Manning Brothers Trade Teams in a Secret Pact to Win Game for the Giants


Special to NFL Gridiron Gab by: James Boswell

The performance of Eli Manning in the past 3 weeks should raise the suspicion of anyone who has followed the performance of Eli and the Giants during the past 2 years. Gone are the inaccurate passes resulting in interceptions or the fumbles during clumsy scrambles. Instead of a flustered kid struggling to focus a spirited team, we see Eli taking the reins with poise and confidence, calling plays at the line in much the same way we are used to seeing his brother Peyton. So much so that it raises suspicions as to how quickly this transformation has taken place. While it is possible that this has been a marvelous turnaround by a young quarterback finally having a career changing epiphany about his approach to the game, there is another theory that must be considered: Peyton and Eli secretly switched places at week 17, and have not switched back yet.

A simple look at statistics is strong evidence of the switch. Eli had a season rating of 73.9 while Peyton had a rating of 98.0. Excluding the game against the Patriots, Eli’s ratings in the last 5 games of the season were 33.8, 63, 88, 52.1 and 33.3. Excluding Peyton’s last game in the regular season against the Titans, his ratings for the last 5 games were 113, 126, 157.5, 76.4 and 123.3. Eli’s average was 54 over that period, Peyton’s was 119.2.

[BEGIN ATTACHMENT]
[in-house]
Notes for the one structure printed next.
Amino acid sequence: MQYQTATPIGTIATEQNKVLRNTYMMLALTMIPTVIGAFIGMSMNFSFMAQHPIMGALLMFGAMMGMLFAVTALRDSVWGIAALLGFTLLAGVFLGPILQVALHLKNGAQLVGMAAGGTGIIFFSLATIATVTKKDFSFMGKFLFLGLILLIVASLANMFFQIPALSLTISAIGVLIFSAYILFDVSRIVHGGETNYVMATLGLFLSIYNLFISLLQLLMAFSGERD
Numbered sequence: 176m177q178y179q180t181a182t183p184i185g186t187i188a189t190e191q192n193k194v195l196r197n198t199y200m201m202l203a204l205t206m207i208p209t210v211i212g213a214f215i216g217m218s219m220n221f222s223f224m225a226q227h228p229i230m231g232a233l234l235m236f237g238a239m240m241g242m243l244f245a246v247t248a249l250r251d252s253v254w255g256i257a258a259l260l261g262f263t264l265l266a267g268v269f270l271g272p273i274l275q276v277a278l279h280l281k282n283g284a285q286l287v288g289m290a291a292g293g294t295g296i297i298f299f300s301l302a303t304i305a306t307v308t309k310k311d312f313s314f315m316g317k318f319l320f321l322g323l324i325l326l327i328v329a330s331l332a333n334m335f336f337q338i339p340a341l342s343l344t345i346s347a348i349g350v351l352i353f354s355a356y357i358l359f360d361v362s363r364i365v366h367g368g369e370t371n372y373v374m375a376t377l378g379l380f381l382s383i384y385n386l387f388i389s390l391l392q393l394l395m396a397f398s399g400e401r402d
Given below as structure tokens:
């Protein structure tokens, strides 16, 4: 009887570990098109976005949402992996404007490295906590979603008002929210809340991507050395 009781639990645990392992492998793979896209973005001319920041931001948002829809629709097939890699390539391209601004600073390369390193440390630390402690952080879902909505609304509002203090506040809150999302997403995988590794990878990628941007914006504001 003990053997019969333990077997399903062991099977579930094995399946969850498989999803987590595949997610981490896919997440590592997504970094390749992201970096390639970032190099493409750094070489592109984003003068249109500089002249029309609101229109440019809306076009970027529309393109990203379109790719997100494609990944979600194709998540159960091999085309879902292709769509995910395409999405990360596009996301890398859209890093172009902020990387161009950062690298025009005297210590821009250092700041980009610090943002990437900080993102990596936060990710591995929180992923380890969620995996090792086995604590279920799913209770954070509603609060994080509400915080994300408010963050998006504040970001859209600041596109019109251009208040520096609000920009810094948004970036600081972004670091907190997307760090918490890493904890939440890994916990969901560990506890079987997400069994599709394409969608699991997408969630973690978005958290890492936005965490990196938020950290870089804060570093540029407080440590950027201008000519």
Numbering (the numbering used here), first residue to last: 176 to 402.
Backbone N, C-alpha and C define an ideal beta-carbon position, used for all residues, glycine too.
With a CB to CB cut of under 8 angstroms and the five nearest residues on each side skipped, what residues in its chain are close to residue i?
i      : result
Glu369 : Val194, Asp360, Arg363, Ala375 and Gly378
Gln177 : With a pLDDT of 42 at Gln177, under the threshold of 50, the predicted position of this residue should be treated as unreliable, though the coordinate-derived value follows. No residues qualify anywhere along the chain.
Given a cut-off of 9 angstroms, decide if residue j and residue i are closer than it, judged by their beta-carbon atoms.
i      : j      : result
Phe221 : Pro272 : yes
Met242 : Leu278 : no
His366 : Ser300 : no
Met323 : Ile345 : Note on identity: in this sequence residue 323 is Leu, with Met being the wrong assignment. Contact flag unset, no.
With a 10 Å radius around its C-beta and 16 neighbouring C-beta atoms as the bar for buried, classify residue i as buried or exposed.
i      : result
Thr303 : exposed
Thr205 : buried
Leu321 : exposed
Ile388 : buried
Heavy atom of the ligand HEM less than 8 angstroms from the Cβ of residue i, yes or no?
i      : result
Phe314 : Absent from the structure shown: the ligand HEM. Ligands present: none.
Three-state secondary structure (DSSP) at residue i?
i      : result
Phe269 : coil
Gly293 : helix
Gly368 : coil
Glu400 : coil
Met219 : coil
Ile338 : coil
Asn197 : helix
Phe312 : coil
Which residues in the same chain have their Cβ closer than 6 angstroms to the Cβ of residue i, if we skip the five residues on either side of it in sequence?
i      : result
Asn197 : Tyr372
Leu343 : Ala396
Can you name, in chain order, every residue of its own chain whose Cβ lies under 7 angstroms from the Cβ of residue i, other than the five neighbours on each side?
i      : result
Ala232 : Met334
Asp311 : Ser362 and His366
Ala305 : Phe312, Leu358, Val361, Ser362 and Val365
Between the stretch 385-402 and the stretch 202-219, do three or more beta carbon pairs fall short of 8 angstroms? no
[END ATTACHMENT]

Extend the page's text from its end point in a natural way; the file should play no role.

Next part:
When the switch took place, the numbers for the two quarterbacks seemed to follow. The Manning that threw for the Colts in week 17 was 14/16 for 95 yards, with no TD or INT and a rating of 91.4. While these numbers are certainly Peyton-esque, a glance at the Manning who threw for the Giants in week 17 is better. The Manning who played for the Giants against the Patriots in week 17 was 22/32 for 251 yds 4 TD and 1 INT and a rating of 117.1. These later numbers are certainly not Eli numbers, especially considering the crushing pressure surrounding that game (a chance to end the Patriot’s winning streak and chance at history). Although these numbers alone don’t mean anything, taking them into context with what happened before and then immediately after lends credence to the possibility that the 2 quarterbacks switched places on week 17.

After week 17, the Giants’ Manning played exceptionally well. In Tampa the Giants’ Manning had a rating of 117.1 against Tampa, completing 20/27 passes (74 percent) for 185 yards and threw no interceptions while throwing 2 TD. After the first playoff victory, the Giants Manning followed up that performance by going 12/18 for 163 yards with a rating of 132 and another 2 TD against Dallas. Over 2 weeks Manning played 2 games at DOUBLE his season average QB rating and rarely if ever looking like the shaky quarterback he had shown himself to be in the past. In fact, he looked an awful lot like his older brother, especially in the shotgun formation. Watching him in the shotgun directing traffic, and even taking snaps the Manning that played for the Giants demonstrated some of the trademarked Peyton moves, notably the leg kick before the snap.